There is a tremendous amount of stress placed on the shoulder during overhead throwing. “According to American Academy of Orthopedic Surgeons, there has been a fivefold increase in the number of serious shoulder and elbow injuries among youth baseball players since 2000.” 75% of college baseball injuries occur at the shoulder, and 50% of youth baseball players have complaints of shoulder or elbow pain.
The shoulder is very complex containing a ball and socket joint which allows for a significant amount of mobility. The head (ball) of the upper arm is four times larger than the socket (fossa) which is comparable to a golf ball sitting on a tee. This anatomical structure of the joint provides little stability making dynamic stabilizers vital to reduce the risk of injury. The dynamic stabilizers of the shoulder include the four rotator cuff muscles, biceps tendon, and scapula (shoulder blade) muscles.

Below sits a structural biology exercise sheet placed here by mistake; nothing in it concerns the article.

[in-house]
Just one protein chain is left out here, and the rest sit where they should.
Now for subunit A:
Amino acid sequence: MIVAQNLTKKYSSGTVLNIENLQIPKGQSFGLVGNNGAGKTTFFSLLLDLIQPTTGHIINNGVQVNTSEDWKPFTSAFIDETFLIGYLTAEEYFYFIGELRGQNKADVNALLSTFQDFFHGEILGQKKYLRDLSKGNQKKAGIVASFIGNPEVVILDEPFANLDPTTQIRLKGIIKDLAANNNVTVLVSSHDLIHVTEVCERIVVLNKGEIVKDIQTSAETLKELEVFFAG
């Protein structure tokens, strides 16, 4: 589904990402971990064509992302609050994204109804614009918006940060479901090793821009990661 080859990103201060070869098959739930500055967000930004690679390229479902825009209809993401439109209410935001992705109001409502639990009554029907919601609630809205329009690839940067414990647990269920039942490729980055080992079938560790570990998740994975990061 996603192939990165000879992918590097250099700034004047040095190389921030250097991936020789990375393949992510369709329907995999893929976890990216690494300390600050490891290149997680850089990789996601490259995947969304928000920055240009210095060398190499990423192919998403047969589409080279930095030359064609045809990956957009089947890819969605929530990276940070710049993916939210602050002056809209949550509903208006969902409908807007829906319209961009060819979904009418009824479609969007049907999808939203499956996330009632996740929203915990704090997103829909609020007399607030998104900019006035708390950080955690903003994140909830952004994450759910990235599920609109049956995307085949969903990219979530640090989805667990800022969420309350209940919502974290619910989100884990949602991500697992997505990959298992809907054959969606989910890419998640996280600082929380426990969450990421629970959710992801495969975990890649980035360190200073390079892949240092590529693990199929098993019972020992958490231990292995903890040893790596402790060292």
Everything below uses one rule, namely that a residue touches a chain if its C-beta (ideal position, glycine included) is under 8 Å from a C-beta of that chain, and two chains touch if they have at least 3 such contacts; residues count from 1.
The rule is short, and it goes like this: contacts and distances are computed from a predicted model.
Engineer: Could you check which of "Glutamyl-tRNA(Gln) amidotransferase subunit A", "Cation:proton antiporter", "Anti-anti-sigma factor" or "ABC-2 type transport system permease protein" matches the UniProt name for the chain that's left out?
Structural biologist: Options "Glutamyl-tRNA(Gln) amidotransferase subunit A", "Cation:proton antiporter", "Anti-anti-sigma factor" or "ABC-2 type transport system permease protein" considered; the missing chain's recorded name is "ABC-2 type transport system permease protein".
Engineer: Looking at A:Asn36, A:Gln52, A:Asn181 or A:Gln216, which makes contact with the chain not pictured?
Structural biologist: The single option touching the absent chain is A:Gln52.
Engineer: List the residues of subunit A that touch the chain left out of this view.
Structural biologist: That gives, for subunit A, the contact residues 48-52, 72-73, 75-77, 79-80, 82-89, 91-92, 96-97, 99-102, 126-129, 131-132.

Many throwing sports such as baseball not only require throwing at a high velocity but also at a high volume. A good conditioning program should improve the strength and endurance in the shoulder muscles to adequately meet the demands of the sport. Having good mobility and stability will allow the athlete the best opportunity to perform the movement with proper mechanics while placing the least amount of stress on the joint.